MS-ISAC ADVISORY NUMBER:
Vulnerabilities in Microsoft PowerPoint Could Allow Remote Code Execution (MS11-094)
Multiple vulnerabilities have been discovered in Microsoft PowerPoint, a program used for creating presentations. These vulnerabilities can be exploited by opening a specially crafted PowerPoint file received as an email attachment, by visiting a web site that is hosting a specially crafted PowerPoint file, or by opening a legitimate PowerPoint file that is located in the same network directory as a specially crafted library file. Successful exploitation could allow an attacker to gain the same privileges as the logged on user. Depending on the privileges associated with the user, an attacker could then install programs; view, change, or delete data; or create new accounts with full user rights.
- Microsoft Office 2008 for Mac
- Microsoft Office 2007
- Microsoft Office 2010
- Microsoft PowerPoint Viewer 2007
- Microsoft Office Compatibility Pack for Word, Excel, and PowerPoint 2007 File Formats
- Large and medium government entities: High
- Small government entities: High
- Large and medium business entities: High
- Small business entities: High
Home users: High
Two remote code execution vulnerabilities have been discovered in Microsoft PowerPoint. The first vulnerability is caused by the way Microsoft PowerPoint improperly restricts the path used for loading external libraries. This issue could be exploited if an attacker placed a specially crafted DLL on a network share and then convinced a user to open a PowerPoint file also contained in the same network directory.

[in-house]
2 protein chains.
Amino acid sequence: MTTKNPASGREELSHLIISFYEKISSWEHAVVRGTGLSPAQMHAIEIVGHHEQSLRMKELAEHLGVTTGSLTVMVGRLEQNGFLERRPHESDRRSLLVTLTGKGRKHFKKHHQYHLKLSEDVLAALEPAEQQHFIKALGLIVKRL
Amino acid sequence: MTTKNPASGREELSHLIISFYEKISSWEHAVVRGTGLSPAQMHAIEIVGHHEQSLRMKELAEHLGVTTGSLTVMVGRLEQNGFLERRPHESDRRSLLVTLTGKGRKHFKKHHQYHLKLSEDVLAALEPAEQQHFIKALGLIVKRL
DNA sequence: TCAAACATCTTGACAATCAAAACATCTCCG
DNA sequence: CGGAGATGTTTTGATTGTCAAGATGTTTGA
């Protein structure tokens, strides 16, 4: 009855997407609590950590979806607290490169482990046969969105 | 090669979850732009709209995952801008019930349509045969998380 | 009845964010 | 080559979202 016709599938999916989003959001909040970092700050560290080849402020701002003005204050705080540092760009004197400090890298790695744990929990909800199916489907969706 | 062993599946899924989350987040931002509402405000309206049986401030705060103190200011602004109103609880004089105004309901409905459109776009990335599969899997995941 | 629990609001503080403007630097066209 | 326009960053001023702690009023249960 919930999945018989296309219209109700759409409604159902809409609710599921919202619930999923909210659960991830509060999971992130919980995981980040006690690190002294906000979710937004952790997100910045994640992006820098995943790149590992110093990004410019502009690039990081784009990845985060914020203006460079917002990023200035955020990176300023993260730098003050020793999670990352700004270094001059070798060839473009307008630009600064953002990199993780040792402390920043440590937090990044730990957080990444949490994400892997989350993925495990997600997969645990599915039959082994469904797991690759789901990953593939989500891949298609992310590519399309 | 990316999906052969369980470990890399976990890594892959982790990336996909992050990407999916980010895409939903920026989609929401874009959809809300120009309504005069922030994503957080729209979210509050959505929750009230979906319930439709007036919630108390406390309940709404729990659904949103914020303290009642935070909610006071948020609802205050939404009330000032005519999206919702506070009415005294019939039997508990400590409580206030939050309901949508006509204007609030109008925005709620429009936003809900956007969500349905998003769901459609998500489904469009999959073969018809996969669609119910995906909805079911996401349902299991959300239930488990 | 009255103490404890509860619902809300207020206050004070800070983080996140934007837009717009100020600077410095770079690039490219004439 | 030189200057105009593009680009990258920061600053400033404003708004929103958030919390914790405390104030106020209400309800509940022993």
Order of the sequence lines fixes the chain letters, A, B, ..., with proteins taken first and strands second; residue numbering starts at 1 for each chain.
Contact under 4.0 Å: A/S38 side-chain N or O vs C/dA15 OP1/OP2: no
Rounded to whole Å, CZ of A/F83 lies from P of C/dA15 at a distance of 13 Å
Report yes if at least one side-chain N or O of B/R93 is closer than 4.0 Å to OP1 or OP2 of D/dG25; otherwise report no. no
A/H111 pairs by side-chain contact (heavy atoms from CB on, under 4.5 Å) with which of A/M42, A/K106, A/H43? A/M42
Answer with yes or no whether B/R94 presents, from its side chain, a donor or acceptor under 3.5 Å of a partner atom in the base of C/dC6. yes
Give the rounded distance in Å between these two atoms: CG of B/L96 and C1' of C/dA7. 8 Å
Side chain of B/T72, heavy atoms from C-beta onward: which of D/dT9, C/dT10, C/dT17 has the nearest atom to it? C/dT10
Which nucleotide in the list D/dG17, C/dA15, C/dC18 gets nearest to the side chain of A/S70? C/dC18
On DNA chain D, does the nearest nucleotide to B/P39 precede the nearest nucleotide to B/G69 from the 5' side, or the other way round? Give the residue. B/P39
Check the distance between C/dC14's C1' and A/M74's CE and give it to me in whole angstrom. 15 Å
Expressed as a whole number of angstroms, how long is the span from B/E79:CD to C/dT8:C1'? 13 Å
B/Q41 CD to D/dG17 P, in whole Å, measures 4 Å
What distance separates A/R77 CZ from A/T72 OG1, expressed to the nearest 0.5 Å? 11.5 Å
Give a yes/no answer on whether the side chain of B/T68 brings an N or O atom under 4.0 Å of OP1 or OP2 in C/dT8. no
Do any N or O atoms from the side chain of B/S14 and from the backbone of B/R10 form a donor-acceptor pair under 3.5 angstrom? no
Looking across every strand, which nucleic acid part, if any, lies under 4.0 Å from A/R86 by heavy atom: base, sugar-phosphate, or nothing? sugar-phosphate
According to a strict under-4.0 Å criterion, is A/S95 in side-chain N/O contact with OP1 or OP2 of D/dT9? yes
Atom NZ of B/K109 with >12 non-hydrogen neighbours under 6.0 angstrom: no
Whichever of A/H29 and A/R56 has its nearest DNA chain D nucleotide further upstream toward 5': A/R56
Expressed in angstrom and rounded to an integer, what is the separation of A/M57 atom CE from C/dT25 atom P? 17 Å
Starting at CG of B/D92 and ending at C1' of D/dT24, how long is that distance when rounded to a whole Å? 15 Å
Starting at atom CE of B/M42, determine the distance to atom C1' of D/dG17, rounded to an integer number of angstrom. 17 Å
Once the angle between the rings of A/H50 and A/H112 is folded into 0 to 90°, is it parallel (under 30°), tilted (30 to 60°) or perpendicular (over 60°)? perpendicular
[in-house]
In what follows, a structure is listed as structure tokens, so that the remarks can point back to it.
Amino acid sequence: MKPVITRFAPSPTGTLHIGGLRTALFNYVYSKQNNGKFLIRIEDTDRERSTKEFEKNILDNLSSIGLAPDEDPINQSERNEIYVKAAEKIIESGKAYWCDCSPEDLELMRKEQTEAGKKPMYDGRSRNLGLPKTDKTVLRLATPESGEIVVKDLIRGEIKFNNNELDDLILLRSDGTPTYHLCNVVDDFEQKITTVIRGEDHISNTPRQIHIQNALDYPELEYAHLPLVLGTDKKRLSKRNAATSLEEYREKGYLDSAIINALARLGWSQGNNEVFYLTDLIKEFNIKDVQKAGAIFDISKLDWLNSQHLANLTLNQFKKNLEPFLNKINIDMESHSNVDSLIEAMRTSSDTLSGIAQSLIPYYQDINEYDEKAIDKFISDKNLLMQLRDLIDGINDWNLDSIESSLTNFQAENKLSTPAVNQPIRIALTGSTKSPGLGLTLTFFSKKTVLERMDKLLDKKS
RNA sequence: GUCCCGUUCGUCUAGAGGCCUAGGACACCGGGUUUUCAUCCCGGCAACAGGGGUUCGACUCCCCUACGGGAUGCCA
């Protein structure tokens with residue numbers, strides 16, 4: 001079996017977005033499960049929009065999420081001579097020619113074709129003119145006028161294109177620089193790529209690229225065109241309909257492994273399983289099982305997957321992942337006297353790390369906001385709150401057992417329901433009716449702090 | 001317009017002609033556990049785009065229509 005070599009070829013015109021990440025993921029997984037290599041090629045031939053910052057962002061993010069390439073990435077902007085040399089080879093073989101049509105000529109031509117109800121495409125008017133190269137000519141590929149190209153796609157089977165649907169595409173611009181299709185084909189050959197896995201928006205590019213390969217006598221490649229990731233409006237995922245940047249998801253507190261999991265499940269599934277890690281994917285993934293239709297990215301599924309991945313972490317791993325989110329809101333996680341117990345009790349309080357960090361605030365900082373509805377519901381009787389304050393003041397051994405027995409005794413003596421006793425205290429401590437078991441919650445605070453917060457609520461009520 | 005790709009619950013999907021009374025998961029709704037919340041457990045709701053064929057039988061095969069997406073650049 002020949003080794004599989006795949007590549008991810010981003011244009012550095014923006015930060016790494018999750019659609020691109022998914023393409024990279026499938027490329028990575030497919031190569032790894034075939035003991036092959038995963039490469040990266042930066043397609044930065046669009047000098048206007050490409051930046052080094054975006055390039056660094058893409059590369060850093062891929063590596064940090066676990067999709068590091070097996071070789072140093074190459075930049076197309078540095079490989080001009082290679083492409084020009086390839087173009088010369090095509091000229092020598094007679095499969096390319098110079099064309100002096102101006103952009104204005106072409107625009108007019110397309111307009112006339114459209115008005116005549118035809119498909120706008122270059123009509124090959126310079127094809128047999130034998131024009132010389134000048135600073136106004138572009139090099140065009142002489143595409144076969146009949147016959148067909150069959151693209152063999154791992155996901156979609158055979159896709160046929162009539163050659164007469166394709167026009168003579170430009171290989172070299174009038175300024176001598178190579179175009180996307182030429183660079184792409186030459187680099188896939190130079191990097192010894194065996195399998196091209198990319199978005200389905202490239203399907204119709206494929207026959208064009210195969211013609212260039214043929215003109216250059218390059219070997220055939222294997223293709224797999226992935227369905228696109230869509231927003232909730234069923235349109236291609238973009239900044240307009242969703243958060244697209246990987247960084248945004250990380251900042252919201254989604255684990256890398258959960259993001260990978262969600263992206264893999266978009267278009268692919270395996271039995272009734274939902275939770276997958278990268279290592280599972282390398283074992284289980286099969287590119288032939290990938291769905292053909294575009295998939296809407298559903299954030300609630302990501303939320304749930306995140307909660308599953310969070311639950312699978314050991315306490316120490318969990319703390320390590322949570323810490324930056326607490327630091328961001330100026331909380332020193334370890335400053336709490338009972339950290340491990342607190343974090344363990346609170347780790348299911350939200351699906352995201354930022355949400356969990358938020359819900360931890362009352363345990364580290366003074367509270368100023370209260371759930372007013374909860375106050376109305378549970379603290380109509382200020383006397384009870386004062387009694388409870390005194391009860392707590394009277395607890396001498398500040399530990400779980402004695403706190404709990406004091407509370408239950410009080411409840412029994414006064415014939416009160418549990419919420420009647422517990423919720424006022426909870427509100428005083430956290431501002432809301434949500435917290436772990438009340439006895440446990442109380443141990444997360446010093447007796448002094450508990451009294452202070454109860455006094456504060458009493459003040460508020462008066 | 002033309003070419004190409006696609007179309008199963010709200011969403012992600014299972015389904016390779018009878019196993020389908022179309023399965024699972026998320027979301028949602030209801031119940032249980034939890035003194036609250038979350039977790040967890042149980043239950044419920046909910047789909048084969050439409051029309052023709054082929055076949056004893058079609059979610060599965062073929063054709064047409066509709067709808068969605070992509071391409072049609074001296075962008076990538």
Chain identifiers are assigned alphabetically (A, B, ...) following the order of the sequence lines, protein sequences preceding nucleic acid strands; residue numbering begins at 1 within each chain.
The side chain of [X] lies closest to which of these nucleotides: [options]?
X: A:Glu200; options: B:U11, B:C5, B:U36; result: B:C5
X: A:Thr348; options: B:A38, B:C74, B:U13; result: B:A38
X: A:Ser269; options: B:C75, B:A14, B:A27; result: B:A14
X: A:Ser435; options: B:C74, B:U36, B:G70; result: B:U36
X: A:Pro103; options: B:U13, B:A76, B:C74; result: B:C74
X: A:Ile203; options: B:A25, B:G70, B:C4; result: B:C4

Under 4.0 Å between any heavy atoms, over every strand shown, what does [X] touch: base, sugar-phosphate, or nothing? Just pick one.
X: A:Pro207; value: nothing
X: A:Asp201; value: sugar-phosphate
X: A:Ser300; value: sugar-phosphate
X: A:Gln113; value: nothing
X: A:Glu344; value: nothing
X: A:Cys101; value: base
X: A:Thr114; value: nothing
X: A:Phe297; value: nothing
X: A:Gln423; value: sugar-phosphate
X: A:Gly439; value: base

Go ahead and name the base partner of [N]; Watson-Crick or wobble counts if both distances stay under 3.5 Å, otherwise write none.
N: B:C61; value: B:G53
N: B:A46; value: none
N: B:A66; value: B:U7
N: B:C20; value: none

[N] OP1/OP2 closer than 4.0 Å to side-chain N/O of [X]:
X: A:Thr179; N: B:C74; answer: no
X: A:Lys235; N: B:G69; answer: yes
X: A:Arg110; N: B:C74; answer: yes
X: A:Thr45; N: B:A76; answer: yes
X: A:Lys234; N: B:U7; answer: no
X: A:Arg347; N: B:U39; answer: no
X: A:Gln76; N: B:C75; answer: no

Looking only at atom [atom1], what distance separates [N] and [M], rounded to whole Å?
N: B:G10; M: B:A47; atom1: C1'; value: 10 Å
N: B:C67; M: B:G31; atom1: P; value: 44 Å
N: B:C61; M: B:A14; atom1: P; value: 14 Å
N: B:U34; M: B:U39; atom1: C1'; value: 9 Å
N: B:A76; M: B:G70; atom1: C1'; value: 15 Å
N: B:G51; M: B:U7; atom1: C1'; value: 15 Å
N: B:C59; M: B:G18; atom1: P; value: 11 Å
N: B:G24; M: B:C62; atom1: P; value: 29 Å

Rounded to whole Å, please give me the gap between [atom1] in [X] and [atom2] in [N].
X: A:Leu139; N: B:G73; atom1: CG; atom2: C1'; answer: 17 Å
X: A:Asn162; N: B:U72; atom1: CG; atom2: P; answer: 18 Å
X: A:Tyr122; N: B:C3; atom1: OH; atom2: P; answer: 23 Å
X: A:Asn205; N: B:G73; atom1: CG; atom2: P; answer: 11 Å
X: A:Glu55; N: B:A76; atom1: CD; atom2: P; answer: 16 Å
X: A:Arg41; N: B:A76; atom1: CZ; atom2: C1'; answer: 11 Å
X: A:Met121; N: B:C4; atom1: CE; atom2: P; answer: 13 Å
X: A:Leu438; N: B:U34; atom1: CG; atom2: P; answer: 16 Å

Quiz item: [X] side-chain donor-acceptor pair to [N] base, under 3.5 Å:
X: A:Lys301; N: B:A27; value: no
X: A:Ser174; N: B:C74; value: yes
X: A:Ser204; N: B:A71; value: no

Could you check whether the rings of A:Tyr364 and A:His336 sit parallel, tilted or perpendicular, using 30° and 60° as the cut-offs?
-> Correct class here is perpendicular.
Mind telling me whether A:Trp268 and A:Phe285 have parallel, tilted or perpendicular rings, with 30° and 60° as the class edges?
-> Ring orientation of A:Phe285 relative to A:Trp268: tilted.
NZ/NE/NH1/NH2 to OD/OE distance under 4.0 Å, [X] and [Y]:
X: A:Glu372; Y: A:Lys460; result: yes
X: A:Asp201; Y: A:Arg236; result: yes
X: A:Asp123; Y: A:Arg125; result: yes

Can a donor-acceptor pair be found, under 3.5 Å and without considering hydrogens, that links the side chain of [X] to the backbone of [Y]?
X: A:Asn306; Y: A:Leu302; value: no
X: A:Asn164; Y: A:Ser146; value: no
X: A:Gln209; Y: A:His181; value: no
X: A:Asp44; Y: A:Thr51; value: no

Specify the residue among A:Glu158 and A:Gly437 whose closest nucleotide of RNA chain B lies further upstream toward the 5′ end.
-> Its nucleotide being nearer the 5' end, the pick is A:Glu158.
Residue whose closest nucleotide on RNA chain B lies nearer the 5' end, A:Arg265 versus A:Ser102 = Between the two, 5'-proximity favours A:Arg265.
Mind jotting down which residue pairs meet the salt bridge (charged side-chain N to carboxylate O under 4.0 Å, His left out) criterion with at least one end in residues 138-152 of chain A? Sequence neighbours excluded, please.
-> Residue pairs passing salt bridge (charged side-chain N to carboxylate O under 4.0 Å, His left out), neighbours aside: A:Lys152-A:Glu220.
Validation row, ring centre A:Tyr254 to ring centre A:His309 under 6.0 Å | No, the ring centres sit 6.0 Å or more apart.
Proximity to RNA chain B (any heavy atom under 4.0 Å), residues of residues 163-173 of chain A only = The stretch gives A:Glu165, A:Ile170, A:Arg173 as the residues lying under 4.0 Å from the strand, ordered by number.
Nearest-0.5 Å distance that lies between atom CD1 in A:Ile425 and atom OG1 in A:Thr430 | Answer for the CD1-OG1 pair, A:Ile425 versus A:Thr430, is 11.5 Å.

The second vulnerability is a memory corruption issue derived from the way Microsoft PowerPoint improperly reads an invalid record a PowerPoint file. As a result, PowerPoint may cause memory corruptions that could allow an attacker to execute remote code. This vulnerability can be exploited via an email attachment or through the Web. In an email-based scenario, the user would have to open the specially crafted PowerPoint presentation as an email attachment. In a Web based scenario, a user would visit a website and then open the specially crafted PowerPoint presentation that is hosted on the page.
Successful exploitation could allow an attacker to gain the same privileges as the logged on user. Depending on the privileges associated with the user, an attacker could then install programs; view, change, or delete data; or create new accounts with full user rights.
We recommend the following actions be taken:
- Apply appropriate patches provided by Microsoft to vulnerable systems immediately after appropriate testing.
- Consider installing Microsoft's Office File Validation tool for Microsoft PowerPoint 2003 and PowerPoint 2007 (http://www.microsoft.com/technet/security/advisory/2501584.mspx) which would prompt the user for files that fail the Office File Validation and a user would have to click through the warning messages to open them before any of these vulnerabilities are exploited.
- Run all software as a non-privileged user (one without administrative privileges) to diminish the effects of a successful attack.
- Remind users not to visit untrusted websites or follow links provided by unknown or untrusted sources.
- Remind users not to open e-mail attachments from unknown or untrusted sources.